SPERBER, DAN (1942– ), French social and cognitive scientist. His father was the Galician-born novelist and essayist Manès Sperber. Born in France, Dan Sperber was educated at the Sorbonne, where he earned a Licence ès Lettres in 1962, and at Oxford, where he received a B.Litt. in 1968. The director of research at the Centre National de Recherches Scientifiques (cnrs) in Paris, Sperber was well known for his work in developing what he terms an "epidemiology of representations" in his naturalistic theory of culture.
Sperber's early research focused on the anthropology of religion from the perspective of innate mental structures; he argues that these structures have played an important role in the development of religious beliefs and in the way that beliefs "fixate" in the human mind and are "extraordinarily catching." His studies of linguistics, experimental psychology, the philosophy of science, and evolutionary biology led to his further exploration of cultural theory, using a naturalistic approach linked to evolution. His works include Rethinking Symbolism (1975); On Anthropological Knowledge (1985); and Explaining Culture: A Naturalistic Approach (1996). His "epidemiology of representations," which may be conceived as a "contagion" of ideas, concerns the processes of replication and transformation of cultural beliefs, which Sperber likens to models of the transmission of disease.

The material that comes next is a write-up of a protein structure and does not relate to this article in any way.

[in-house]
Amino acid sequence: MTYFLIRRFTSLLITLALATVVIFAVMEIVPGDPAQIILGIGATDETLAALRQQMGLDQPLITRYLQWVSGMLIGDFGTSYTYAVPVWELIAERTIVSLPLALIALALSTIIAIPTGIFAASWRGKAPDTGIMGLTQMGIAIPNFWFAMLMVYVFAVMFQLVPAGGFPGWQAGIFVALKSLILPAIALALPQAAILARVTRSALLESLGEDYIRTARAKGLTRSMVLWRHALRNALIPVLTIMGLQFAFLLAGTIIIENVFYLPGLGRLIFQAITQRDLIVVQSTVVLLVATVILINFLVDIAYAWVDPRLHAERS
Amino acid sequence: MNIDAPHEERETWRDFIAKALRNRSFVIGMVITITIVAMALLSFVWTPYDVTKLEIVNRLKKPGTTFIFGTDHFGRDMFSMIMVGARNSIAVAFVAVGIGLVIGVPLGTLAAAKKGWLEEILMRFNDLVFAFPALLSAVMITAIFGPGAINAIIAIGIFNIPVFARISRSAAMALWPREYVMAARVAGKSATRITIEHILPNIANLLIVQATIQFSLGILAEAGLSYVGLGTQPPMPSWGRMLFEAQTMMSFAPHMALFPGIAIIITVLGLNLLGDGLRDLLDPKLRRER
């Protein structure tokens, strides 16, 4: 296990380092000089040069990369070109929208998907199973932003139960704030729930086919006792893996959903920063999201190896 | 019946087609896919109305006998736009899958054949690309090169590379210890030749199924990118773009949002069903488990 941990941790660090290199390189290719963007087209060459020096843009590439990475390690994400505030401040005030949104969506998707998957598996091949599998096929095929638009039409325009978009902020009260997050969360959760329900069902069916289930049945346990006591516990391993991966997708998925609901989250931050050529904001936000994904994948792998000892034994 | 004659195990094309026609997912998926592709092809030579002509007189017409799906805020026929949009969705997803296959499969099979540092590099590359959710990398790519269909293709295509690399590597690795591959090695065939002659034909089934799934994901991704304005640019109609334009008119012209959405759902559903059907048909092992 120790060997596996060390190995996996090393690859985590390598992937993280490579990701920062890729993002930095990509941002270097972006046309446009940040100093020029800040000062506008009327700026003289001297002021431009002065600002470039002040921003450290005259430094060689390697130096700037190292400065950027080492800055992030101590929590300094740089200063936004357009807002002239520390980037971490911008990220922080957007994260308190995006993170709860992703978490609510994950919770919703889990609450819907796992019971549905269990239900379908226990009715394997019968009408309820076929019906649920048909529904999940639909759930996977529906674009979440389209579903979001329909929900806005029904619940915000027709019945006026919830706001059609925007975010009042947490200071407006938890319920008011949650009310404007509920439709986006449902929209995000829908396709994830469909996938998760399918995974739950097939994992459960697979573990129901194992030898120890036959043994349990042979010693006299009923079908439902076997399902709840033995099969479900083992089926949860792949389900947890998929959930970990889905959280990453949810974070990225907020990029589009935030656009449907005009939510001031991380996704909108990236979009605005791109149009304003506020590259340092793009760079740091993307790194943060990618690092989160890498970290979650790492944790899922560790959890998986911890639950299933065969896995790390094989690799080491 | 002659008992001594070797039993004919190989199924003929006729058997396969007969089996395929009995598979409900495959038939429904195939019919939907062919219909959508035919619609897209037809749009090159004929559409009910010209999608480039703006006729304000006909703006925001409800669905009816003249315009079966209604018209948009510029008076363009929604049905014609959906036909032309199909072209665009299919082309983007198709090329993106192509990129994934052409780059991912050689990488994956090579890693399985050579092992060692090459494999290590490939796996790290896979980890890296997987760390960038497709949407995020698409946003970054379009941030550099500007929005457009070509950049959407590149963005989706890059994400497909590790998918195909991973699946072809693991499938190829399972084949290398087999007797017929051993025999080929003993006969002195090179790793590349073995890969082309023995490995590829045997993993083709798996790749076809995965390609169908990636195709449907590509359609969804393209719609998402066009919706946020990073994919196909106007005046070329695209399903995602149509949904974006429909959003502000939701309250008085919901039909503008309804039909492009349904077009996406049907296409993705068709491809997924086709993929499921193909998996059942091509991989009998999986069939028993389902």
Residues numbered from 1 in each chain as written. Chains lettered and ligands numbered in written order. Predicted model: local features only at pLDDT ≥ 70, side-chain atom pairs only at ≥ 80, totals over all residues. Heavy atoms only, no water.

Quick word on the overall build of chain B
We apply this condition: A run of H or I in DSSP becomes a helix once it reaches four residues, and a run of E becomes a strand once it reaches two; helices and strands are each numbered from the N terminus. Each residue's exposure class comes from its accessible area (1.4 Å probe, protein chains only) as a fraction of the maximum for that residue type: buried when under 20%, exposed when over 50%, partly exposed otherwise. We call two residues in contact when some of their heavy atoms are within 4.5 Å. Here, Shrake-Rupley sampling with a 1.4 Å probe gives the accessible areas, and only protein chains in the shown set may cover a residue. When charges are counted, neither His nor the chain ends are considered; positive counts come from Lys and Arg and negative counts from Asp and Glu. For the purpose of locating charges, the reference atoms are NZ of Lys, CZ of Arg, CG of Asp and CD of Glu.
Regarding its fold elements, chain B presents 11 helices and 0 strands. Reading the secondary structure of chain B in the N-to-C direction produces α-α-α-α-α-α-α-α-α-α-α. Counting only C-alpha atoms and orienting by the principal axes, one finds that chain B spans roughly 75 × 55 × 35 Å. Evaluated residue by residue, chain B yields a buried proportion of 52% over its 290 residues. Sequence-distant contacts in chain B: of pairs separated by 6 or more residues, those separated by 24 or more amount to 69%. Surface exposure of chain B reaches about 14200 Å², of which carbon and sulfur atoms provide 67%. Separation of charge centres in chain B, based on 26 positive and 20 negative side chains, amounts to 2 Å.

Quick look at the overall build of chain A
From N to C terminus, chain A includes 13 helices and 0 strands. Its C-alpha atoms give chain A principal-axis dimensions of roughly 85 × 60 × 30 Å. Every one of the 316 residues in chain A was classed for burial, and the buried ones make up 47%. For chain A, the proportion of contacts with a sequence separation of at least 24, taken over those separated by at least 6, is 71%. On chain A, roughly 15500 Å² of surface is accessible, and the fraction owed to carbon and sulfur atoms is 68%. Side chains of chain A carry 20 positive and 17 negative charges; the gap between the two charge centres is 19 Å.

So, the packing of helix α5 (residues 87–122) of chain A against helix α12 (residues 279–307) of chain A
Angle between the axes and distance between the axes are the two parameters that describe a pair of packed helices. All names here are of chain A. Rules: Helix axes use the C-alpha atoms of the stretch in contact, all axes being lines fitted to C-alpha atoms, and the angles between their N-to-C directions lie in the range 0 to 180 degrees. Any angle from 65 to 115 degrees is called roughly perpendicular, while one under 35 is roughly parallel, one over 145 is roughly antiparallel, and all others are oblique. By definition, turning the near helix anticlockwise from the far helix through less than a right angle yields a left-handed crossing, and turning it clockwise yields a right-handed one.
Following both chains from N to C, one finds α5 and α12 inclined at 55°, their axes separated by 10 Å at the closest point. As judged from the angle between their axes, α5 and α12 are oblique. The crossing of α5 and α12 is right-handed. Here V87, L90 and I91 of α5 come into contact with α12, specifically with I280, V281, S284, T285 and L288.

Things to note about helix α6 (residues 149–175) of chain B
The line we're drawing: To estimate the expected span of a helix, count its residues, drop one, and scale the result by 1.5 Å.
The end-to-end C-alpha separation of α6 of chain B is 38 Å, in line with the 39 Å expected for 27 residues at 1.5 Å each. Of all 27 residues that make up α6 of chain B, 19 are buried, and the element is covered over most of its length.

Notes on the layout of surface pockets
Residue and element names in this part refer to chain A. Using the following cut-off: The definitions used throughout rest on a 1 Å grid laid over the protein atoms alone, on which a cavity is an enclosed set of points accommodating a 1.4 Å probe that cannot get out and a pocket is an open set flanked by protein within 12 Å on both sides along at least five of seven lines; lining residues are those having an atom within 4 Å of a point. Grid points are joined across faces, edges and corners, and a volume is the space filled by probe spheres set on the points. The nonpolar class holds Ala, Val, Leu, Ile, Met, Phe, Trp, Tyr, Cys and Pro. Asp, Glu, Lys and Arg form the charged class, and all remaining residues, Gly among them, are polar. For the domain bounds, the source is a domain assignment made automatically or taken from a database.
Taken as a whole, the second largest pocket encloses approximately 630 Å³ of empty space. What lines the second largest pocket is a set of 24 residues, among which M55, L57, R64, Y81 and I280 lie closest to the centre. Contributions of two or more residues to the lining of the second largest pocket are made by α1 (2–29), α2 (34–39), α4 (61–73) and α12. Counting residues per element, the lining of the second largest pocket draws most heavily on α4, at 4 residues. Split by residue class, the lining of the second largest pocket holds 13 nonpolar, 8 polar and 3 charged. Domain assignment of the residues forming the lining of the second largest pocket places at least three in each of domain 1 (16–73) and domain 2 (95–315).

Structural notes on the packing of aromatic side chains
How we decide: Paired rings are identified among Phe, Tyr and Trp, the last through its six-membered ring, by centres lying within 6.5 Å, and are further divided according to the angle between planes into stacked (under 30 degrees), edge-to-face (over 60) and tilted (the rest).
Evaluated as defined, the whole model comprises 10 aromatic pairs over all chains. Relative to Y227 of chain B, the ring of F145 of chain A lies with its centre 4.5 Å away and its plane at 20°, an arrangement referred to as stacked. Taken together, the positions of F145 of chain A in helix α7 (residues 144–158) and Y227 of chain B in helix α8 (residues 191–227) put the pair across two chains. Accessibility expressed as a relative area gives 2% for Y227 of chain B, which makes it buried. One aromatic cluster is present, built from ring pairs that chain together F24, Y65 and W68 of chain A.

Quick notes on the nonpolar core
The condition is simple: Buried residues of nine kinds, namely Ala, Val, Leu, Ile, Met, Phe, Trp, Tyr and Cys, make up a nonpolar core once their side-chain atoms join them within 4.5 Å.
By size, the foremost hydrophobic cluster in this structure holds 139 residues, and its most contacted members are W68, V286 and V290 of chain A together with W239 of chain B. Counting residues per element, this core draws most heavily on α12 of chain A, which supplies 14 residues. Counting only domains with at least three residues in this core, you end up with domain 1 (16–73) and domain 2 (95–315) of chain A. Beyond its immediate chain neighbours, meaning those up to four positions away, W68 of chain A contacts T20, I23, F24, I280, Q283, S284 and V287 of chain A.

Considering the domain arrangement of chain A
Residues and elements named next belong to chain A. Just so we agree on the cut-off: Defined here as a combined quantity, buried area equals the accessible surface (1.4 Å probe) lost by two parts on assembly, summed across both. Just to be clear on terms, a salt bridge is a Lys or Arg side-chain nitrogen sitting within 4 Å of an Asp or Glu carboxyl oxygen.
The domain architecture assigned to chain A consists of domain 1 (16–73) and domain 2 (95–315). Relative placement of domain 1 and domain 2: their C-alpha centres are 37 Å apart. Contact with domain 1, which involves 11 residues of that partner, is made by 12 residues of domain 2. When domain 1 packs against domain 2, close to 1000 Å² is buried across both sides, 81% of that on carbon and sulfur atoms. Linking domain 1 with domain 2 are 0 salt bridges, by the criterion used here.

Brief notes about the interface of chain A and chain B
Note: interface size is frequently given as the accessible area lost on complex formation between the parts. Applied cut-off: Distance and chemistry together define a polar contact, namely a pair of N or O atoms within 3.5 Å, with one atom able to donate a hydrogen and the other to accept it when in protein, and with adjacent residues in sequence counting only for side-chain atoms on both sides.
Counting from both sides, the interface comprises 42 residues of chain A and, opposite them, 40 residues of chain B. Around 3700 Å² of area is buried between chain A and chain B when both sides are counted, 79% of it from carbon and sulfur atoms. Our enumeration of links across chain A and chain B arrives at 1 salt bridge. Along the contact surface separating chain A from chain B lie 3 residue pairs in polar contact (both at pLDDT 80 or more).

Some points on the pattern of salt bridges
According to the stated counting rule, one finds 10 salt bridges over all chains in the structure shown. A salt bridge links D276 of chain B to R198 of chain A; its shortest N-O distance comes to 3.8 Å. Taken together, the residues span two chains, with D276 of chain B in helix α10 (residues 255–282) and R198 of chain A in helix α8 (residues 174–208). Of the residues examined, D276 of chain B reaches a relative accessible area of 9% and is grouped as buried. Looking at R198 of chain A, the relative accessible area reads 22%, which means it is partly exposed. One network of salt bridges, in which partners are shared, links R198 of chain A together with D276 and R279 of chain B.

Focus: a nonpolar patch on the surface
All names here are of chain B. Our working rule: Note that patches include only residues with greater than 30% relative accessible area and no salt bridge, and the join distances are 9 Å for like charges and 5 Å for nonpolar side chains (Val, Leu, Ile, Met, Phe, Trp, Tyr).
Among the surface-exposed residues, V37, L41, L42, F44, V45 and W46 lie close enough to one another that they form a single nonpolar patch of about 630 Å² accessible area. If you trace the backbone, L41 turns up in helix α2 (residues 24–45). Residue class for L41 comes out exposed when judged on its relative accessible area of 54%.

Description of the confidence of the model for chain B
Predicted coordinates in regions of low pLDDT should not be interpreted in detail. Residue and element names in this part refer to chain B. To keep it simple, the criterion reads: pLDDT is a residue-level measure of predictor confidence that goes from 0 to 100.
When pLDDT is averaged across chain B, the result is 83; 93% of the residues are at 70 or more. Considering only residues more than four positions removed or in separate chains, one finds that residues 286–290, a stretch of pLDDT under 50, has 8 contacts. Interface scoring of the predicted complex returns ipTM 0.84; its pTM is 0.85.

Sperber also developed, with British linguist Deirdre Wilson, a cognitive approach to communication that has become known as "relevance theory." Their 1986 work, Relevance: Communication and Cognition, has received much attention; their theory, though influential, has also generated controversy, as has Sperber's "epidemiology of representations." In Relevance, the authors argue that human cognition relies on perceived relevance: that humans pay attention only to information that seems relevant. The work also approaches the study of reasoning by considering the role of contextual information, and questions contemporary views on the nature of verbal comprehension.
Sperber was a visiting lecturer at several institutions, including Cambridge University, the British Academy, the London School of Economics, the Van Leer Institute in Jerusalem, the University of Michigan, the University of Bologna, the University of Hong Kong, and the Institute for Advanced Study at Princeton University.
[Dorothy Bauhoff (2nd ed.)]